If you are part of a CI/TPRS department

I am a little concerned with the way CI/TPRS is more and more becoming institutionalized within curriculum documents. Let me describe what I am hearing from the field: lone wolf TPRS teachers tend to be anxious about what their colleagues think or the influence they can exert, but full-fledged CI/TPRS departments often express anxiety about keeping everyone on track and developing pacing guides. The irony is that departments with particularly “strong” leadership are recreating the onerous conditions of traditional departments, substituting vocabulary lists for lists of required structures and even finding the need to place grammar acquisition on a timeline so that the level 3 classes can read particular books at a particular time.

This approach can work given that structures are limited and recycled frequently, given that the content is highly-compelling and given that the teachers all have the amazing ability to truly own any story, script or set of structures that they are forced to use. The barns are not burning. Yet I do marvel at the resilience of the urge to control the classroom, to control the students, to impose a uniform experience with complete disregard for the diversity of interests that exist in any classroom. Let´s call that the Kanye West approach to CI/TPRS: “I am going to let you talk, but first I want to use today´s target structures at least 70 times each”. Who has the hand counter?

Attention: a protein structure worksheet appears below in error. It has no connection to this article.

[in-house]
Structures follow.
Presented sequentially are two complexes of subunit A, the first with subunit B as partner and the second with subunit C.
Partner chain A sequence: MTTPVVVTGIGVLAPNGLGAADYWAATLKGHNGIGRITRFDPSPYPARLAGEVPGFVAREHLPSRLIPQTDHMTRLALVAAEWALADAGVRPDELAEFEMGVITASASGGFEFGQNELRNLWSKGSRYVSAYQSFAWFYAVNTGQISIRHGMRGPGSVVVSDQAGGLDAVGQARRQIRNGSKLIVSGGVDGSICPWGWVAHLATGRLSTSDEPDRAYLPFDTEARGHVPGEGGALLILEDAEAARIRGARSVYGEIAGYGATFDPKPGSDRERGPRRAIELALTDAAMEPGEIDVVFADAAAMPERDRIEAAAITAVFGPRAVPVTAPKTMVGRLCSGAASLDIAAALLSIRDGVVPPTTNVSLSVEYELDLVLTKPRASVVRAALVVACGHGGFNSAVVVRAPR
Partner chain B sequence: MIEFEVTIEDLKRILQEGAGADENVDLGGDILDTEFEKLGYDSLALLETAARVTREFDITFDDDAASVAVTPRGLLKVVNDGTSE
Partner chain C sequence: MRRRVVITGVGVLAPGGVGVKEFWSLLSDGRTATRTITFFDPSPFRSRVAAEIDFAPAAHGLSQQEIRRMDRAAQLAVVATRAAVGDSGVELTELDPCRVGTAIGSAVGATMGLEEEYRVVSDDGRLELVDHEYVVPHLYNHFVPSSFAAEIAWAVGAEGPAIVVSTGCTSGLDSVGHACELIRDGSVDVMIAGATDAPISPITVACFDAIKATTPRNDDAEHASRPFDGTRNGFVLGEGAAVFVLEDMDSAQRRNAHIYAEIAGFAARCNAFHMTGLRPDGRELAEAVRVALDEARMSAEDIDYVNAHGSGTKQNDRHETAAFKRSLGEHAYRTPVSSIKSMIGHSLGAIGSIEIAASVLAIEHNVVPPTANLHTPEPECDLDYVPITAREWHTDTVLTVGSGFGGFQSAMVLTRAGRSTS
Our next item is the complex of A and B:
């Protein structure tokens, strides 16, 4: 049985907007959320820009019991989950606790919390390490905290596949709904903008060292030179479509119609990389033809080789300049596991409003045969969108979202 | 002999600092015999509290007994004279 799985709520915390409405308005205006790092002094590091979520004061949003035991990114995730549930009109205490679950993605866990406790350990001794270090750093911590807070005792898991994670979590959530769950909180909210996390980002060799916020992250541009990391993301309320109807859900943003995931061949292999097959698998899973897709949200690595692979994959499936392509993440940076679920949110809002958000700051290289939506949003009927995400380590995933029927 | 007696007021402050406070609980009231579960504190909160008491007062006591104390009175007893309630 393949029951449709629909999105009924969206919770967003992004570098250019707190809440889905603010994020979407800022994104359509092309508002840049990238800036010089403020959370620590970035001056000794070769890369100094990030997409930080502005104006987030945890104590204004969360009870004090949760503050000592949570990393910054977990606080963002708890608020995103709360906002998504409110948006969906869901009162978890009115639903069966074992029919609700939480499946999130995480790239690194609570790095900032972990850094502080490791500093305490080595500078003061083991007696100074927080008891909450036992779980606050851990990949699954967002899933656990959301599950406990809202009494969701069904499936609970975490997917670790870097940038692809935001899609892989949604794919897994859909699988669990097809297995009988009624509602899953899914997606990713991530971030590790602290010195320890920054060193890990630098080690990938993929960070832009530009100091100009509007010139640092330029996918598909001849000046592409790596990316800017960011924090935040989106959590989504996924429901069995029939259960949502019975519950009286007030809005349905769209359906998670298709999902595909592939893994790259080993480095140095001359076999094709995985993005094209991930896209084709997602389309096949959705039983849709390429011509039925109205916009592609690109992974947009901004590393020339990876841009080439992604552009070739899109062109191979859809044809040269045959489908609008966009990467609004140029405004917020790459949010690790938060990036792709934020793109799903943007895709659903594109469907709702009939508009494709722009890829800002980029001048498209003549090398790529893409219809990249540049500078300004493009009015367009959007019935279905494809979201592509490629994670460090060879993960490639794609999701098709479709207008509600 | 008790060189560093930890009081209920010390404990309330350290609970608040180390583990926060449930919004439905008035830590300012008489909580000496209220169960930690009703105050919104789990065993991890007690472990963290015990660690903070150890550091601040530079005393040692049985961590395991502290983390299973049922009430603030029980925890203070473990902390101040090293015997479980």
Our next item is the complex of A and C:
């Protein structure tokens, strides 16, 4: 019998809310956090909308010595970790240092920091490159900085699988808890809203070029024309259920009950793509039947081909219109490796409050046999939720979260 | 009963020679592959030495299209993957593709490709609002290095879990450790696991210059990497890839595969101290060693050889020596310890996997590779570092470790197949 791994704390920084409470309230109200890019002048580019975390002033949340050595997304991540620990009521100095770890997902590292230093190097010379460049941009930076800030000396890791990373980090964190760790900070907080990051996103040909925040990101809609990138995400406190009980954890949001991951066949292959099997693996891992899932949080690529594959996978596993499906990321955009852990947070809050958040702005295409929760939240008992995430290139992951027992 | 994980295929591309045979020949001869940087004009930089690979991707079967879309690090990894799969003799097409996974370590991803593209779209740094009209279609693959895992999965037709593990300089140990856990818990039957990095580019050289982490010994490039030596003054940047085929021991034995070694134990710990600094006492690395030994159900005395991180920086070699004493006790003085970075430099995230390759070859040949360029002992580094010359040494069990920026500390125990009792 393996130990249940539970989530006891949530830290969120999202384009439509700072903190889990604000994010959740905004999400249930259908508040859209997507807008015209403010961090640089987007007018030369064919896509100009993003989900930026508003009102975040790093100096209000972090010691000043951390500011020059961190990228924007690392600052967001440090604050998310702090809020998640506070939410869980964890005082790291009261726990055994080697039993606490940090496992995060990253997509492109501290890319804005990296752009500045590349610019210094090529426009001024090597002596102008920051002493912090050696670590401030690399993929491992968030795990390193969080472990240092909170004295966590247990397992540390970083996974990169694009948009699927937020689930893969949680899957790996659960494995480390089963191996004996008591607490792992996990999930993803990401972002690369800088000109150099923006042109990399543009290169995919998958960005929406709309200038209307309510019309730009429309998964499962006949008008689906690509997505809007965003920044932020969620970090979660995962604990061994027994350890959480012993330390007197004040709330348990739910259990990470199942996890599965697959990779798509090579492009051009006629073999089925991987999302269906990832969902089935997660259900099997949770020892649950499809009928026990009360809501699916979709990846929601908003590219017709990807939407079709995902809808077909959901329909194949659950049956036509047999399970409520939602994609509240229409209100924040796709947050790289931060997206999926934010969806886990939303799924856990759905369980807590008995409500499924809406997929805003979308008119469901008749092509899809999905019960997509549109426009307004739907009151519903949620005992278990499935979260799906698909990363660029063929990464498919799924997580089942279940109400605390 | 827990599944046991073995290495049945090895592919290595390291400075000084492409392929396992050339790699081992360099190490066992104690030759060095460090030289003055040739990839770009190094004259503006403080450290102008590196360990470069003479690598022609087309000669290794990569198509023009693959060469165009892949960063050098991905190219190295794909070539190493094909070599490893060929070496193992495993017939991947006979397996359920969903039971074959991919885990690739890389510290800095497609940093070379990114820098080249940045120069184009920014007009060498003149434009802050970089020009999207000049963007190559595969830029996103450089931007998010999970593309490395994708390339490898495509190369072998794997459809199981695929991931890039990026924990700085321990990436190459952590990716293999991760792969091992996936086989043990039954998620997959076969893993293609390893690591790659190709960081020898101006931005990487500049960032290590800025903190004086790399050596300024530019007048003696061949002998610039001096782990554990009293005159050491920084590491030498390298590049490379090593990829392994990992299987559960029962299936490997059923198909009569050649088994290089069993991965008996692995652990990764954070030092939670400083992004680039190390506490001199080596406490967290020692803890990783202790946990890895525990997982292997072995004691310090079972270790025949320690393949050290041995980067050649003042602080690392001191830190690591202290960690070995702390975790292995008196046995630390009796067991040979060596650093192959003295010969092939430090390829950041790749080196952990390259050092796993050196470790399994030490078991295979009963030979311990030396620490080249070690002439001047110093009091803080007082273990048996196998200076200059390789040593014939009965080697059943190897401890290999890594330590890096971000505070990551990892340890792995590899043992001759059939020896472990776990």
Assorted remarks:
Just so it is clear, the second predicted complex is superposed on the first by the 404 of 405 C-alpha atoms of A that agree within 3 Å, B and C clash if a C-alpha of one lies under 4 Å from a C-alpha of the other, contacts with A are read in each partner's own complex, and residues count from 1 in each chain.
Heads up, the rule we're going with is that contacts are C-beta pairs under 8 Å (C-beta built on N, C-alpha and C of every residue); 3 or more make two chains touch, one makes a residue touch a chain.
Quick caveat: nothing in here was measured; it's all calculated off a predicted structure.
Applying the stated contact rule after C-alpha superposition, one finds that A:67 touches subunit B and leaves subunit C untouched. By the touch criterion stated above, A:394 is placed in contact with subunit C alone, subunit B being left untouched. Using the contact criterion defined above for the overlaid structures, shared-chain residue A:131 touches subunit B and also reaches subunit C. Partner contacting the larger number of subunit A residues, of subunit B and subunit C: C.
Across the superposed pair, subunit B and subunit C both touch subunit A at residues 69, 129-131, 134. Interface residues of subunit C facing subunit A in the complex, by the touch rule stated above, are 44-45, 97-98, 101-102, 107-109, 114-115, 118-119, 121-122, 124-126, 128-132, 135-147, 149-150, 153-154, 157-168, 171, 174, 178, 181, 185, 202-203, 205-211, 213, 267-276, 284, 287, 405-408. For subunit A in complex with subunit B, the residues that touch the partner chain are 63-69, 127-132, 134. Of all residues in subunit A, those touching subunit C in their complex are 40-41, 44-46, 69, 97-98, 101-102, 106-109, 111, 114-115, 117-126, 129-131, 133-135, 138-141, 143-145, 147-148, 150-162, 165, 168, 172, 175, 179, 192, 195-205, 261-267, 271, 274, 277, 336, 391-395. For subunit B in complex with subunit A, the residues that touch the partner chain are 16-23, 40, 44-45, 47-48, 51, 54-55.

There are dissenting voices. Bryce Hedstrom may or may not appreciate that I characterize him as a rebel, but his popular persona especial interview activity is a wonderful example of emergent language targets rather than backward planned targets. There is no doubt in my mind that the activity is an extremely efficient source of comprehensible input precisely because the students are at the center, not a teacher or district agenda. The most exciting thing currently happening in my classroom world is the revelation through a persona especial interview that one of my freshman Spanish 1 students is going to get a tattoo the moment she turns 18. It turns out that her mother has a whole arm covered in tattoos, but won´t let her daughter get even one. If you try telling that as a story to your class it may fall flat or be greeted with a mild “meh”, but in my classroom this is unbelievably compelling because it is outrageously real. Not planned, not on any vocabulary list. PQA with a target structure will never be as personalized as a real conversation. Our students may never become bitter with us like Taylor Swift when Kanye stole the show, but that does not mean we are creating the best conditions for language acquisition when we constantly steal the show with our target structures.